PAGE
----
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As Edge of Tomorrow begins, aliens have taken over most of Europe. Lieutenant Cage (Tom Cruise) is an American military spokesman forced into combat by a general (Brendan Gleeson) for reasons not made entirely clear. (Something to do with the general's fear that media manipulators such as Cage will make him the fall-guy if the human troop surge is unsuccessful.)
Cage has somehow achieved the rank of lieutenant without receiving any combat training or even learning how to turn the safety off on his weapon, so everyone in his group expects him to die quickly on history's second D-Day. When the battle arrives, he does manage to stay alive long enough to cross paths with super-soldier Rita Vrataski (Emily Blunt). She has been labeled the "Angel of Verdun," because she displayed nearly god-like skills in killing aliens at a previous battle.
As Cage is sprayed with alien blood, he appears to be dying. But then he suddenly wakes up—at the invasion's launching base on the morning of the attack. From there, he has to figure out why he is in a purgatorial time loop and how he can use his seemingly endless supply of lives to formulate the perfect plan to defeat the aliens.
Novelist Ursula K. Le Guin once suggested that in the best science fiction, the author should be allowed one reality-bending premise and then judged on how skillfully she can follow that premise's own internal logic. In Edge of Tomorrow, it is not the time-travel loop that is so hard to accept.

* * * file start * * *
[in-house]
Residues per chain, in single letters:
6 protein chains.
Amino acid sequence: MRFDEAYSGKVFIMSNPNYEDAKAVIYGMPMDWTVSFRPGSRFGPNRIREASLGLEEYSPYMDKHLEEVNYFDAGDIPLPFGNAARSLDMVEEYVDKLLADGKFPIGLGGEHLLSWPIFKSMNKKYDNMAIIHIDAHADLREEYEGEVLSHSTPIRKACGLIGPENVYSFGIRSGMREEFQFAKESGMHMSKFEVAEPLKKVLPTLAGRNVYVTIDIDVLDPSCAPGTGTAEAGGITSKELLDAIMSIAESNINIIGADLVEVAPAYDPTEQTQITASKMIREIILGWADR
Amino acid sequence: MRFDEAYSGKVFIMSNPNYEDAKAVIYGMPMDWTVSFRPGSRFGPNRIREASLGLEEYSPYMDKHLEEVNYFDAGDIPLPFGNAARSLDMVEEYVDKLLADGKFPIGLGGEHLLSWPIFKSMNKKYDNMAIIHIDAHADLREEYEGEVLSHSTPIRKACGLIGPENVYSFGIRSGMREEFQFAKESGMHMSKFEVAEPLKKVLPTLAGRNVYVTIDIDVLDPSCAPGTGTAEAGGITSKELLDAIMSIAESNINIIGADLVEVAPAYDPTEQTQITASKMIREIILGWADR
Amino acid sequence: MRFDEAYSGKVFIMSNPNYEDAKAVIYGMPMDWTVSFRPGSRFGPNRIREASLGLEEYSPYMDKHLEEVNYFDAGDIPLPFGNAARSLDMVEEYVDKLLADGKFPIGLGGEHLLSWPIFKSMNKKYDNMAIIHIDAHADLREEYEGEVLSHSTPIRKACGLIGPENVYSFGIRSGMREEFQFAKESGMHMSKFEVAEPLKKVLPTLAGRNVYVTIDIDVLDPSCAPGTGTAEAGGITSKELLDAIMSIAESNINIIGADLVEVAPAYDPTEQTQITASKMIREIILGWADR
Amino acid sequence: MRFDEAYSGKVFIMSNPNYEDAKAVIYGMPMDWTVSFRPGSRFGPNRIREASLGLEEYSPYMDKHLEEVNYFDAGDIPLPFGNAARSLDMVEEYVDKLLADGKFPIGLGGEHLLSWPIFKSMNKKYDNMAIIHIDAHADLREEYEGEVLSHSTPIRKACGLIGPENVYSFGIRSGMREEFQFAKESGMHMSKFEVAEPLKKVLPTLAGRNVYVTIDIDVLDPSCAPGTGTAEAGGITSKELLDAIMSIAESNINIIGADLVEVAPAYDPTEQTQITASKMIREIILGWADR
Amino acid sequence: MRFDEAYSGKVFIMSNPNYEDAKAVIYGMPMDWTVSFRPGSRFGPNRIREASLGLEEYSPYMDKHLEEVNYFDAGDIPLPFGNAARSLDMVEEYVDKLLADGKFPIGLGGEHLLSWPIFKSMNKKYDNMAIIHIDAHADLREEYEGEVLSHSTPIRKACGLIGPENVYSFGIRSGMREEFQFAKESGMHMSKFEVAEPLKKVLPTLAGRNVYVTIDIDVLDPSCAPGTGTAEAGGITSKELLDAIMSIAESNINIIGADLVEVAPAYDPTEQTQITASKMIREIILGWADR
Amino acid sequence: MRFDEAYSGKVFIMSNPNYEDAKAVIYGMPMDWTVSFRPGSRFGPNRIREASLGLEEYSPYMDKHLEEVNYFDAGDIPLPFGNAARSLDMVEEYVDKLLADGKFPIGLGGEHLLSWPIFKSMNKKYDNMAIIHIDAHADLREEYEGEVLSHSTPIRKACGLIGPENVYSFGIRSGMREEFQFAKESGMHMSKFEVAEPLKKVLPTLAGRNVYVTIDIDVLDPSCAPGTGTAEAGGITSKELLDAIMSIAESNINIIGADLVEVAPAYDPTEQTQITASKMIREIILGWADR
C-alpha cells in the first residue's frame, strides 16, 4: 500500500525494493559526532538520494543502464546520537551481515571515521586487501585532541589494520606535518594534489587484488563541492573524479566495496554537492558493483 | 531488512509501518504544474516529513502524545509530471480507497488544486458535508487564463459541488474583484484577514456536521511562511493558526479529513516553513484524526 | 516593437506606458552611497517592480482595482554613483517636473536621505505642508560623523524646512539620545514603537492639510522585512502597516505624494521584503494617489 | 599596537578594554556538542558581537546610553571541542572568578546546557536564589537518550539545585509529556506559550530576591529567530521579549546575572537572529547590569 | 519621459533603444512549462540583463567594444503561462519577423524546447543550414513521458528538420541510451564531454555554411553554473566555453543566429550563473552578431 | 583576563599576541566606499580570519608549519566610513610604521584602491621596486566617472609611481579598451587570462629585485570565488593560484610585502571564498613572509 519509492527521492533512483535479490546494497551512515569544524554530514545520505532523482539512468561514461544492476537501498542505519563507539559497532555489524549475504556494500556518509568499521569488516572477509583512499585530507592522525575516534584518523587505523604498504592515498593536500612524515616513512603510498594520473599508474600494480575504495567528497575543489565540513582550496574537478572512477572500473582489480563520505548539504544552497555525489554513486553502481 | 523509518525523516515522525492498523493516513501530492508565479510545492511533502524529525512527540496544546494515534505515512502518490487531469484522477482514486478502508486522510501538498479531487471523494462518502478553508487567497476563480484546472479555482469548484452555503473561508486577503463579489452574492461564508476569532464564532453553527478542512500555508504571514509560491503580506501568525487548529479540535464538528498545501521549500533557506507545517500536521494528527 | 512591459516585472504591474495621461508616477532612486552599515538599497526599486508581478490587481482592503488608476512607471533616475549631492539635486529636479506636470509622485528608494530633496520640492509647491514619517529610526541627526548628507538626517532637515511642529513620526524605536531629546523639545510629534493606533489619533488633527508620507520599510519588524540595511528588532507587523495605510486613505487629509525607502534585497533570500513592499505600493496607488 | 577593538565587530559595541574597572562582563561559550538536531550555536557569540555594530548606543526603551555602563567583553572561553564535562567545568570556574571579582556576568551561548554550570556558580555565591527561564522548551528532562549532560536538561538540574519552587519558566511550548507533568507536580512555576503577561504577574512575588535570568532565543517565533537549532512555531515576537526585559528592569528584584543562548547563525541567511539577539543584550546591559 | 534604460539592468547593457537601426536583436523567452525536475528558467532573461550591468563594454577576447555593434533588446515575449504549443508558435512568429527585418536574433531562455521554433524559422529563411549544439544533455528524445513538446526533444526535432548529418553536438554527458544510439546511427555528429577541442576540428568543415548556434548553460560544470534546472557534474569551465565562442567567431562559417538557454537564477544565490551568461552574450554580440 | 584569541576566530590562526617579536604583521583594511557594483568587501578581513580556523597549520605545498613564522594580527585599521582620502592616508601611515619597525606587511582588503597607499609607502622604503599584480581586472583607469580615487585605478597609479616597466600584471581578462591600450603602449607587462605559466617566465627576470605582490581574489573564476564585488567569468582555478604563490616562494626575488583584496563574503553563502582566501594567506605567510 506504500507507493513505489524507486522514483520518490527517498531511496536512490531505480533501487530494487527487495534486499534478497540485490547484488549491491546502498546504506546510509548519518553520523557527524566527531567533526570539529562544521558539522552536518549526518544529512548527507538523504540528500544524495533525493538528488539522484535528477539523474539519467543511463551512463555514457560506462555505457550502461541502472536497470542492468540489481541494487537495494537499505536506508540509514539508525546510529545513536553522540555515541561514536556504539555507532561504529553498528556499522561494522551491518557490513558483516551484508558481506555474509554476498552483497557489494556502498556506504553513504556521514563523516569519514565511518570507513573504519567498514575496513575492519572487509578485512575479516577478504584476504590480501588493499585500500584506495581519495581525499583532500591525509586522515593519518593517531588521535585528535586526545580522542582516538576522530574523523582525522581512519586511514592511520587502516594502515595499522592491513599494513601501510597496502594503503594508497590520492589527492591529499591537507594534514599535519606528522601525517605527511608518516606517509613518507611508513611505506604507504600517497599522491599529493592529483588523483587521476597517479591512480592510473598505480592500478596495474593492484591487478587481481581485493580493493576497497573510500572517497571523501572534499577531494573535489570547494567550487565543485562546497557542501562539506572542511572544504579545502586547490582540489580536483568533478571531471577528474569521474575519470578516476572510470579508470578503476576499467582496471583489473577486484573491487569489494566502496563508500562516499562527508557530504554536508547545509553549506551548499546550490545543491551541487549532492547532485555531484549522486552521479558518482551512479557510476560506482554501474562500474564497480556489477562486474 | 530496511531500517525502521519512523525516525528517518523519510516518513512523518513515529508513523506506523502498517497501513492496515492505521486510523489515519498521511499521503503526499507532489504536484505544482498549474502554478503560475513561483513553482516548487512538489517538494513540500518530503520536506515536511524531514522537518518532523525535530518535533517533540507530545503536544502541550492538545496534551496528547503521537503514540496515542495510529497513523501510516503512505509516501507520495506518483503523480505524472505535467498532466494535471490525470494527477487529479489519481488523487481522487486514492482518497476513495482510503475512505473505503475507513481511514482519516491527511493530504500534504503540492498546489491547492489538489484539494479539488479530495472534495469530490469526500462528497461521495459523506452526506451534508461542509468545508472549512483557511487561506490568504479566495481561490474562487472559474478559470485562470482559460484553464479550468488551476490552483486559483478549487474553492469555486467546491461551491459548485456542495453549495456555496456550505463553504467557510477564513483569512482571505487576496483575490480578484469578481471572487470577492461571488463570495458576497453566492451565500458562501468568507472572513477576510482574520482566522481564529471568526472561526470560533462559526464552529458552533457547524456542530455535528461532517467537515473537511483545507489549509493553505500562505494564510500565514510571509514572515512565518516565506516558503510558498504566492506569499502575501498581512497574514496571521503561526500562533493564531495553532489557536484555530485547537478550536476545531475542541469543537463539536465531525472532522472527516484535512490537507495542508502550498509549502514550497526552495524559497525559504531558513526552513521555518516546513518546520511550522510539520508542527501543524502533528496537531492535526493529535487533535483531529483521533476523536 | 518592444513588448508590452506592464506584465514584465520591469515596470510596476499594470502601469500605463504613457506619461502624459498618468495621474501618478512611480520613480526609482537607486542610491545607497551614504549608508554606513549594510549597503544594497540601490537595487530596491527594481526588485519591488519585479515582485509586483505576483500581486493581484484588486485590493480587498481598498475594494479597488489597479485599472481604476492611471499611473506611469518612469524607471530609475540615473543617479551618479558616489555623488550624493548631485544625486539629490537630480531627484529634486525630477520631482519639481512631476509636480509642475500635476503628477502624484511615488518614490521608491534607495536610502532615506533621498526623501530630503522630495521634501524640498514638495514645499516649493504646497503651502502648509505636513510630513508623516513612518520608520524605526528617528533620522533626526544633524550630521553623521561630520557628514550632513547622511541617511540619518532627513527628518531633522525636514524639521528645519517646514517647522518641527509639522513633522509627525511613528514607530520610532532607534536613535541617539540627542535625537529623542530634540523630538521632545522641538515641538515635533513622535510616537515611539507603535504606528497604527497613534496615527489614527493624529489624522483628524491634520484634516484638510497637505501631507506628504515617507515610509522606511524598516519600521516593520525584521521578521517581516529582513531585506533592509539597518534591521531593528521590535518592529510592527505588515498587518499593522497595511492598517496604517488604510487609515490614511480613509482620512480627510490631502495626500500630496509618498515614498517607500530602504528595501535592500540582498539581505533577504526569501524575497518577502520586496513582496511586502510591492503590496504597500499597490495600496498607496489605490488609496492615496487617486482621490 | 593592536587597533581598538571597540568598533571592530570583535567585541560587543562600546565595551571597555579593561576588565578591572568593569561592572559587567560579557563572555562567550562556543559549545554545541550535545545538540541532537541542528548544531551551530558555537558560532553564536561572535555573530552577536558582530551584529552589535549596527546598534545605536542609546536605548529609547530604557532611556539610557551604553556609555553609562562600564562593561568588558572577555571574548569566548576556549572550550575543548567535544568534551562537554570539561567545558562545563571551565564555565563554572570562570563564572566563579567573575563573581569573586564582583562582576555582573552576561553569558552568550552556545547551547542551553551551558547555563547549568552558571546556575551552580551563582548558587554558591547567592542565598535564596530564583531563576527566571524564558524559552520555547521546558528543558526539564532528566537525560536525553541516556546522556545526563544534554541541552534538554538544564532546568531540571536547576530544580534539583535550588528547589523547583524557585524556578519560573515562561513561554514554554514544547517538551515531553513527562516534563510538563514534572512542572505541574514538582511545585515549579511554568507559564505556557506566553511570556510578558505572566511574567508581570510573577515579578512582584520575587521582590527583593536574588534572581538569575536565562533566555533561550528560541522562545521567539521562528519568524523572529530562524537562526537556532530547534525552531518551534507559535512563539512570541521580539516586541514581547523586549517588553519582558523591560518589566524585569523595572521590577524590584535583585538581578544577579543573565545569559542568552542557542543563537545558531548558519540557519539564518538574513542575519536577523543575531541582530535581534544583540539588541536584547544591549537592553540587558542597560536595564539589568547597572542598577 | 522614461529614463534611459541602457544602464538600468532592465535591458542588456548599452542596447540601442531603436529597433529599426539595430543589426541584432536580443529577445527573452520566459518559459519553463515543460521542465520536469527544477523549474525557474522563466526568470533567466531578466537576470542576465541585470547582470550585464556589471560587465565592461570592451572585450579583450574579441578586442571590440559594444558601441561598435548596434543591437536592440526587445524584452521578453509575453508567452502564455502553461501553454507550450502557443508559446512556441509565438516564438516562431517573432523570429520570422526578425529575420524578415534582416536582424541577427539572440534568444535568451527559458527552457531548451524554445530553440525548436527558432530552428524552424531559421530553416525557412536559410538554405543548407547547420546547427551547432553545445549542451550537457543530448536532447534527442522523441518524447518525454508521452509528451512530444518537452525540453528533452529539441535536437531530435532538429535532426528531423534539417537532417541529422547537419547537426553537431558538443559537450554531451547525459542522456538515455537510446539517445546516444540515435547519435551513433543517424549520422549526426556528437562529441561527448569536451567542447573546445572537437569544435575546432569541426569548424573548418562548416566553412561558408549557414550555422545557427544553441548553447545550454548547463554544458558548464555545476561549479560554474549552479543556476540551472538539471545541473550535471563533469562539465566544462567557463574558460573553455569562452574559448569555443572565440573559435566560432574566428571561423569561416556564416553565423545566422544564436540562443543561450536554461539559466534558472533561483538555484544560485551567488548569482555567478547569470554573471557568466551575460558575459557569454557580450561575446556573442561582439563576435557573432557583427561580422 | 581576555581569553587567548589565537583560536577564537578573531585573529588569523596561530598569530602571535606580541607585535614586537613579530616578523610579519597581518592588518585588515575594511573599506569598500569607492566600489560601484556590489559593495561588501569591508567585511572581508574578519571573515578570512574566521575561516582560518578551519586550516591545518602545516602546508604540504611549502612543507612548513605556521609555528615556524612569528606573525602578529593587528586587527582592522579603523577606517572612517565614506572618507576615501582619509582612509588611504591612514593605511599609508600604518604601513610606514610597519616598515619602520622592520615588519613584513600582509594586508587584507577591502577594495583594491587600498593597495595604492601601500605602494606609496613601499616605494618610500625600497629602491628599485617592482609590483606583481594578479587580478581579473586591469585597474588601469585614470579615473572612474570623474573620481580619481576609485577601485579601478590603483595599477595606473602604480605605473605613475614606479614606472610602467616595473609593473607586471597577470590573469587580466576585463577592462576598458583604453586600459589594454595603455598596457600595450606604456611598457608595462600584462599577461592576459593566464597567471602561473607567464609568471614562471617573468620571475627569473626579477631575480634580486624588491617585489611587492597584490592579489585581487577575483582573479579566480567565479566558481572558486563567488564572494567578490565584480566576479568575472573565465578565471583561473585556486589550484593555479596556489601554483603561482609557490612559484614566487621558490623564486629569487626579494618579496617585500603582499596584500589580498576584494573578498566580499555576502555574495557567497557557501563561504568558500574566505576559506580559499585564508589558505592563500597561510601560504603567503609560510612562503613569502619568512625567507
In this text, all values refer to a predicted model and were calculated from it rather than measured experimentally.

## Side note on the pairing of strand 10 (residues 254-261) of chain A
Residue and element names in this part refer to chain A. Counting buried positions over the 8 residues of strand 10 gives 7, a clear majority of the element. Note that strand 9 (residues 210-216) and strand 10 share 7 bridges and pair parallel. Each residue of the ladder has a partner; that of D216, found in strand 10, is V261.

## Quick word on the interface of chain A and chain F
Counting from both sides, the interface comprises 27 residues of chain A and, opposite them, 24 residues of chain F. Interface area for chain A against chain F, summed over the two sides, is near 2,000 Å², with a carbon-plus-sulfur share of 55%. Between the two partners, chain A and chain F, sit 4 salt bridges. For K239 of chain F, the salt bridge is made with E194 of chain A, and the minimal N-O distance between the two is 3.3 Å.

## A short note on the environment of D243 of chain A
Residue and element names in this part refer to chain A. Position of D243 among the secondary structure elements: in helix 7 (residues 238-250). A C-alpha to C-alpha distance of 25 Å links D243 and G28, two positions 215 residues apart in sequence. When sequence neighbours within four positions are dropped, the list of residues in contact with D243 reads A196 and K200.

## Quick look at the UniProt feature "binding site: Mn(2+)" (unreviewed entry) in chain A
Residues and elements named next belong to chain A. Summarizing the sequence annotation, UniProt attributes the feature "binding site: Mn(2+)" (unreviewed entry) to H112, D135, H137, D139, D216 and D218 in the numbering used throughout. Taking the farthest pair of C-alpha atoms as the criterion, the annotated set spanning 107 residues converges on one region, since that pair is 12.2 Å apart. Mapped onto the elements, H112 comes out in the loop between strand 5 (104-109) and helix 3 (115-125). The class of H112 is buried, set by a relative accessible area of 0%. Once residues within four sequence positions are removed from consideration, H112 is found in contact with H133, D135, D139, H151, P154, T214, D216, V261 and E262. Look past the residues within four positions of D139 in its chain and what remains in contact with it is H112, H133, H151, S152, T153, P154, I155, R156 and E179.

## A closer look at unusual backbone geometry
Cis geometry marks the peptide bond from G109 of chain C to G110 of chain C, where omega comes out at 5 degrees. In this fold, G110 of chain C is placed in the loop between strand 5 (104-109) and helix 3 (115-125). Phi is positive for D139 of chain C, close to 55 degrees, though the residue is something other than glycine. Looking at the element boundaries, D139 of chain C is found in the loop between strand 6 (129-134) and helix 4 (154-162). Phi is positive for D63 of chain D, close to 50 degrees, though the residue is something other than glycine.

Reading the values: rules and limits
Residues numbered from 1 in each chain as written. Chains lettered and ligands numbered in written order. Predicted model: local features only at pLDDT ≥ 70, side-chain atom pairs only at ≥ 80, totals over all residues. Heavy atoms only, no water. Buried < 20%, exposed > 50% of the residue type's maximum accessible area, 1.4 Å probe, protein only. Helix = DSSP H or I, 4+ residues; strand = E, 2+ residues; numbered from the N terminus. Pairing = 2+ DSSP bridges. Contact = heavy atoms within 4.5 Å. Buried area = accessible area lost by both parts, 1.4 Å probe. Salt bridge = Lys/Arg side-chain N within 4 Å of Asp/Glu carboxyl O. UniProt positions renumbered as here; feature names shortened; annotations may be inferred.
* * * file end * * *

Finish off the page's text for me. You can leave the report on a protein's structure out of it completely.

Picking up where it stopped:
But it's harder to bear how the film fuses its sci-fi premise with an action movie's sensibility: one in which the characters become living, breathing video-game avatars, rather than human beings. And that doesn't work for this movie—because of the movie's own premise.
In the film's problematic second act, Rita tries to hide personal information from Cage because, as she reasons, the more you see another soldier as another human being, the harder it is to watch her (or him) die. The film tries to leverage this in the third act, but fails—largely because it never bothers to make either of these characters people or show their bond deepening. Instead, it loops through the battle scenes to show Cage's progress, suggestiing he is accumulating experience through montages in which Rita casually shoots her partner after each training session to "reset" the day.
In a very telling third act moment, Cage—weary from having lived the same day over and over—simply doesn't push a fellow soldier out of death's way. The screening audience howled with glee. Who cares, right? It's not as if, even in the movie's world, this grunt were a consequential person who was really, actually dead.
More than simply a joke that misfires, that scene is, I would argue, the film's most unintentionally honest moment and the one in which it becomes the very antithesis of the comedy classic it is so clearly invoking: Groundhog Day.
In that movie, Phil (Bill Murray) also had to learn to live his day right in order to escape it. But "right" meant something more than simply cracking the cosmic video game sequence of moves. He had to learn (and apply) a moral lesson.
Edge of Tomorrow is much more liberal than was Groundhog Day in its use of religious language; Master Sargent Farrell (Bill Paxton) ironically prophesies that it is on the field of battle that Cage will be baptized and "born again." But this turns out to be all clever punning and nothing more, irony for irony's sake. You should drop any hope that the nearness of death will lead to insights about the meaning and value of life.